RAW versus JPEG debate

Raw versus JPEG as a seasoned photographer , for me there is no question what format I should use, but I realise that a lot of people out there are […]

Raw versus JPEG


as a seasoned photographer , for me there is no question what format I should use, but I realise that a lot of people out there are still struggling with this concept. Also after me creating few videos in which I have presented my personal digital workflow, things got even a bit more confusing, because it seems that I do not use what I preach, however I will take the opportunity today to cast some light on the matter.

I have seen many discussion on the topic RAW versus JPEG, and I never bothered to pay attention as for me it is crystal clear. I shoot RAW and and I would like to go back to basics to explain why

What is RAW

In very simple words, the RAW is not a traditional image format, but an unprocessed file containing the history of your exposure. As I have already explained in one of the first videos, about understanding camera, the sensor is like a field with buckets which capture the photons coming into the camera during the exposure. I am going to use the analogy with a glass of water. During one exposure, one unit of the sensor, one cluster which corresponds to one pixel, is filled with photons. The amount of light is giving us the exposure. Just like that, water falls into the glass starting to fill it during the exposure. Less water means dark, underexposure, more water means more light. Overexposure happens when the light is more than the glass can carry and it spills out. This is the exposure process in a short nutshell, and the correct exposure is somewhere in the middle.

Now, what I wanted to highlight with this analogy is the fact the remember that RAW is format that retains the amount of water during the exposure but also remembers the process of the glass getting filled with water.

The main advantage of the RAW file is that due to the fact the camera remembers the process, you can modify the final outcome later on your computer if you mess up the exposure. The information is there and you can tell your computer to show you a specific level of water in your glass, despite the fact in reality, the level might be different. Also these days camera sensors have image processors able to predict what would have happened if you would have had allowed for a longer exposure.

what that means in practical terms, is that you have the liberty to modify the exposure later as the information is there, and that is the biggest advantage of shooting RAW.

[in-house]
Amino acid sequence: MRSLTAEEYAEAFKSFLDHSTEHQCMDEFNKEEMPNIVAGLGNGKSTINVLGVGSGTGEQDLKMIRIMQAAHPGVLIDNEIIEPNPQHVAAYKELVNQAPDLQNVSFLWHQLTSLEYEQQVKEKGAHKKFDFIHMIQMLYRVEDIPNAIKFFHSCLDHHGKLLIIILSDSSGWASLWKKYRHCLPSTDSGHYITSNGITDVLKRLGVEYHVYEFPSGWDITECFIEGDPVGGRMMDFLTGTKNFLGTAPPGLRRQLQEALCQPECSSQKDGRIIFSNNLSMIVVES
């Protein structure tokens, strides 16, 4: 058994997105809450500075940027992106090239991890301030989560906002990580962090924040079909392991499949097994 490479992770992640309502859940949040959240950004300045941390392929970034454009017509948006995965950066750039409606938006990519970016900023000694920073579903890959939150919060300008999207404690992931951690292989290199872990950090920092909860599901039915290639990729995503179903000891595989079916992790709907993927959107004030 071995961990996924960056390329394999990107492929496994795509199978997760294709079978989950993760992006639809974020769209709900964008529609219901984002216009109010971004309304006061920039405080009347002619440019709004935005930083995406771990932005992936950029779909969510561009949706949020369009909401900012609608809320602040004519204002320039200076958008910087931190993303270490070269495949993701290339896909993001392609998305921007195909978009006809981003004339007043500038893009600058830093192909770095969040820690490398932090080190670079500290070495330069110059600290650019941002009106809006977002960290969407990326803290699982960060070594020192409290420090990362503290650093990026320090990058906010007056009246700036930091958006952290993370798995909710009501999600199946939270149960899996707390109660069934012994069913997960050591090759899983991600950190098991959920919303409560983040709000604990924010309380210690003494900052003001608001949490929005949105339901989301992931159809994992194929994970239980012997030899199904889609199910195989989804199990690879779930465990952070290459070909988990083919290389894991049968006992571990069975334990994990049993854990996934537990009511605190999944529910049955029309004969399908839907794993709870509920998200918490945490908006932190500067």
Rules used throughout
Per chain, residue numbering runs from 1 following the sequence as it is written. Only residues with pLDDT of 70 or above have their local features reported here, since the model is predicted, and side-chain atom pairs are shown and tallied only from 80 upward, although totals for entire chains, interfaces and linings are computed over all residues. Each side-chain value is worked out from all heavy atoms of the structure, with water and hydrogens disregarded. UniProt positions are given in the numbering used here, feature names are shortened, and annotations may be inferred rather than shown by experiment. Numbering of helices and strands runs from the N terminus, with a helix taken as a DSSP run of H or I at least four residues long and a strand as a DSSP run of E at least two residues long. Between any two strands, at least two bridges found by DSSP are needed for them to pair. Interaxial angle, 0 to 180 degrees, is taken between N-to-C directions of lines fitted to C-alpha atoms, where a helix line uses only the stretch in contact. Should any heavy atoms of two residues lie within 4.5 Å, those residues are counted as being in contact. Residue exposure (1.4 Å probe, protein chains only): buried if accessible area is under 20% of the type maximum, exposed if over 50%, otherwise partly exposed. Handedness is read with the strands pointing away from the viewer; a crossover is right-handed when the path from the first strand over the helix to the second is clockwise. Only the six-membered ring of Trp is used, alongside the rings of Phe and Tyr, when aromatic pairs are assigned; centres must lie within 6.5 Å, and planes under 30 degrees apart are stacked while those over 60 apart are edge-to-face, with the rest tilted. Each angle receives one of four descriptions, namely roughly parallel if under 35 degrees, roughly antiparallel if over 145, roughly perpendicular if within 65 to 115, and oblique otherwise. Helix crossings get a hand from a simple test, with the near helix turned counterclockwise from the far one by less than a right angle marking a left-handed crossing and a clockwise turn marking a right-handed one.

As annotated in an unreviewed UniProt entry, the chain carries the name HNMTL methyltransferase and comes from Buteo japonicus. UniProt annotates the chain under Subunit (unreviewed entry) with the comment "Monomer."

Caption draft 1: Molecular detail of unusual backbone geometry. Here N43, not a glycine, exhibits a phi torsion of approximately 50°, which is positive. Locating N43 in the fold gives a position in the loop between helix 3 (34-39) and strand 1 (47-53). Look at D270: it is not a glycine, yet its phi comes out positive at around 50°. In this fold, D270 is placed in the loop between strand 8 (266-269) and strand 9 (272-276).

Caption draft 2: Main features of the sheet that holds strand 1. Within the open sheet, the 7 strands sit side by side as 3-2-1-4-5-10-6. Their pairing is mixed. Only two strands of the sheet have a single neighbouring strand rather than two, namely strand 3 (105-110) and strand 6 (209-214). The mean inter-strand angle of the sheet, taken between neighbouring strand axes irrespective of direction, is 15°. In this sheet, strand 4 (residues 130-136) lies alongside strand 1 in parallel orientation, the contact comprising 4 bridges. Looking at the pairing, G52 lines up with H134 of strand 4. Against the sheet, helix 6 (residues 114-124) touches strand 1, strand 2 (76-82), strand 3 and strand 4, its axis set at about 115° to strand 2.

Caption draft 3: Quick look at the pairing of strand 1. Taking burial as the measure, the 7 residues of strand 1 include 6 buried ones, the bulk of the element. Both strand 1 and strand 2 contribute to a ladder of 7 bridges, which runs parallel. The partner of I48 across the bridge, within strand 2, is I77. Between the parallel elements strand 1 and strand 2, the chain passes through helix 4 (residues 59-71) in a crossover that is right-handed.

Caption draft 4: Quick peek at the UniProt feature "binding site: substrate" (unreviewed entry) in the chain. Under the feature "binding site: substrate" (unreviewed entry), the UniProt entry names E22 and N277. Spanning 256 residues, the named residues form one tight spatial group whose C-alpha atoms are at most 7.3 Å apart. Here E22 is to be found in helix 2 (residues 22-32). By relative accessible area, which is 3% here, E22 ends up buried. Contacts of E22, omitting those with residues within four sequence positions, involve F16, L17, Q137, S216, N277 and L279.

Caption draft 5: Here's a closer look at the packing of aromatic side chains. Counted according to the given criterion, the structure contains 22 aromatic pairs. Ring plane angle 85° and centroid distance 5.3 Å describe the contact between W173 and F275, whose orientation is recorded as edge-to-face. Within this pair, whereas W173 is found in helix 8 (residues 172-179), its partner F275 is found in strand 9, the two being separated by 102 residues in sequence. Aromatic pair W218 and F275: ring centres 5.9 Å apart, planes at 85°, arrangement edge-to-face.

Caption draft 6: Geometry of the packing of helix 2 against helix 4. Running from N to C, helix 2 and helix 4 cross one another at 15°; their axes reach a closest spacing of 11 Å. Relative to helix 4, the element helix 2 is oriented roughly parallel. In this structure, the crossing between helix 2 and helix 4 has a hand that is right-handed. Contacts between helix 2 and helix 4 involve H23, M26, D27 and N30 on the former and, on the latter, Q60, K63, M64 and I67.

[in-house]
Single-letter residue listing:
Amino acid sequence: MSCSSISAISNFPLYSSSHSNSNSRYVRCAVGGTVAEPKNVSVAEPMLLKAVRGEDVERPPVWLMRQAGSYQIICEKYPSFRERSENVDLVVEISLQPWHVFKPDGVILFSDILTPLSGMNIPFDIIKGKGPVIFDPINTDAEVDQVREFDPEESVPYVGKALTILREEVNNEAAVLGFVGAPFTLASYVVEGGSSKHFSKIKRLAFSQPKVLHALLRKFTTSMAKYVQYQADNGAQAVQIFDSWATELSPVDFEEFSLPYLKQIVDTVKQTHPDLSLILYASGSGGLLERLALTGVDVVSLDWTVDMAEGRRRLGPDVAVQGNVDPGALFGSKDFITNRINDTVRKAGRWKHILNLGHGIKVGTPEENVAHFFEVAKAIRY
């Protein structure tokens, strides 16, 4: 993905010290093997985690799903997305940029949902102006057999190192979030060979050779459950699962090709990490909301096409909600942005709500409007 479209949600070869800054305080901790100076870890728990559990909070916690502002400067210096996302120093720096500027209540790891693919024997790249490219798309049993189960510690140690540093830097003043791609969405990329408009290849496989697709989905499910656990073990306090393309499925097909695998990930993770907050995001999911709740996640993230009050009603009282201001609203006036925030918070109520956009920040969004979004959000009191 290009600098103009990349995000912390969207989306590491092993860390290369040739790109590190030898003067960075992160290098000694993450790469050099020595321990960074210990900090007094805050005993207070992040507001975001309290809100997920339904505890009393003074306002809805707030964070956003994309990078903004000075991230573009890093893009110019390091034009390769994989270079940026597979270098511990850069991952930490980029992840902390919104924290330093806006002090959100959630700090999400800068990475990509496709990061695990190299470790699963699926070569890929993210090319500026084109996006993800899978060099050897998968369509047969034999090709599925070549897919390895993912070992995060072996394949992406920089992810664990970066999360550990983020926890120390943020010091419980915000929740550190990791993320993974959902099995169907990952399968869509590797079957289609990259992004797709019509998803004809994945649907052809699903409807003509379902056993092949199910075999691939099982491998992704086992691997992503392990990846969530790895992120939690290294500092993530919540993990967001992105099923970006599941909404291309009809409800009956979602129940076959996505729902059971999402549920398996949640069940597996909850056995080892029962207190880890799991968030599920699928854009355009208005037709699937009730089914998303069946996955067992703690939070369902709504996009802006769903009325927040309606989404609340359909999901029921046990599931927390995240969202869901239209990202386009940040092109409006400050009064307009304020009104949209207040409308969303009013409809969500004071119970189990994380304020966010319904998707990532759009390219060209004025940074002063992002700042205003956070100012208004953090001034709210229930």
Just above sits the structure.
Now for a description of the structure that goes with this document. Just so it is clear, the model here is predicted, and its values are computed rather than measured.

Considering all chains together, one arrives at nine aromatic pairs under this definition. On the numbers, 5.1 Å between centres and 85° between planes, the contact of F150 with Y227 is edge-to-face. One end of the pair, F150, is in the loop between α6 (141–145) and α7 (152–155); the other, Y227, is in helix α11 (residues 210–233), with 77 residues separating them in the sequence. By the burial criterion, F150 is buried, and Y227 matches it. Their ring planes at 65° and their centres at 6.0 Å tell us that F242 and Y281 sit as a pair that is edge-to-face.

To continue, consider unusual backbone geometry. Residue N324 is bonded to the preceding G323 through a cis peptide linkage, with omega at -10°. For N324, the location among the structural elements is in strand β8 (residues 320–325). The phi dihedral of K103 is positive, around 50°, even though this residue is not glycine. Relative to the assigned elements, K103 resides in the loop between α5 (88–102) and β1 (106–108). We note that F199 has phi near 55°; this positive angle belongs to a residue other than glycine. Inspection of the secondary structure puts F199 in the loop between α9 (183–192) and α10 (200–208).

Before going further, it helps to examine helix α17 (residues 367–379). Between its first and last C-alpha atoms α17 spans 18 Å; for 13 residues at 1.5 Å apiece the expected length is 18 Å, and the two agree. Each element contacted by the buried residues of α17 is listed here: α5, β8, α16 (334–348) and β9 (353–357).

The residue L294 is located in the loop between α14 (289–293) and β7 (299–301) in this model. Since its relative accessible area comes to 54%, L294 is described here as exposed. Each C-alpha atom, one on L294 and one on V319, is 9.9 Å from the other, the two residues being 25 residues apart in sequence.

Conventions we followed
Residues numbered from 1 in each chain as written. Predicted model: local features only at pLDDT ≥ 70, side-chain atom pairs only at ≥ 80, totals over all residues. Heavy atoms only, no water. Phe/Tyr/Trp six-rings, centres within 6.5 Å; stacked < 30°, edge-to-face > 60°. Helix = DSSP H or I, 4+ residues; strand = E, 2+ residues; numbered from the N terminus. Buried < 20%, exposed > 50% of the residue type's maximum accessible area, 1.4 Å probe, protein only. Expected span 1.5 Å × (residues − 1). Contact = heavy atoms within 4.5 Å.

The downside of RAW is the size of the file which counts for each pixel, which retains the colour information, expressed in a combination of 3 numbers, and also the history of how that pixel come into existence. I am not going to more details that this as I wish to keep this to a reasonable simple explanation

What is JPG

The JPG stands for a type of a compressed format for the purpose of reducing the size of a image in terms of information. Not only JPG,s but also other formats, such as TIFF, Bitmap, and others will discard the history and the retain only one level of exposure. They remember the colour of each pixel , but not the history. So if you mess up your exposure, and you get either a slightly overexposed image, or underexposed, trying to modify it on the computer will not get you the correct result, as the information is lost.

Practical example, if I shoot a portrait in strong light, i could see the forehead completely white if I expose it to long. If I shoot RAW, I have the chance to bring back details like forehead wrinkles if I want to. If I shoot JPG I can’t

The biggest advantage working with JPG format is a lesser amount of information that is handled and when we are talking about many megapixels and thousands of photos, this van become a serious time constraint

as simple as that.

My personal workflow

As I have mentioned many times, my preference is to shoot RAW, export the file into a JPG format and work on it in post production as JPG, applying filters and whatnot in Adobe Lighroom. This seem to confuse a lot of people as the logical step would be to import RAW files directly into Lightroom and modify the settings there

As a wedding photographer I need to process thousands of photos ever week and it takes few seconds to bring a JPG onto the screen and apply a filter to it as the computer will handle less information than a RAW file. Working with RAW files tends to make the process longer to the the amount of data that the computer needs to handle at once, and I found myself in many instances waiting 30 seconds for one high resolution image to be ready for editing. And when we are talking about thousands of image, that becomes a serious timing problem.

Also I have noticed that the results are slightly different between working with RAW and JPG, but that is not the reason for my choice. My approach if purely business efficiency

Recommendation

I hope the explanation about RAW versus JPEG is very clear above, however if there is still confusion, I would definitely recommend for any beginner to shoot RAW and work with whatever software you want to use to get them out as JPG. My process is mine and I am sure there will be experienced photographers out there disagreeing with it. This is my personal preference and my recommendation.

If you still have question after this information, please do not hesitate to leave your comments below. Also if you are a Lightroom user , please check the free templates that I use in my process

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About Christian Tudor

professional photographer, main editor at Academy of Photography and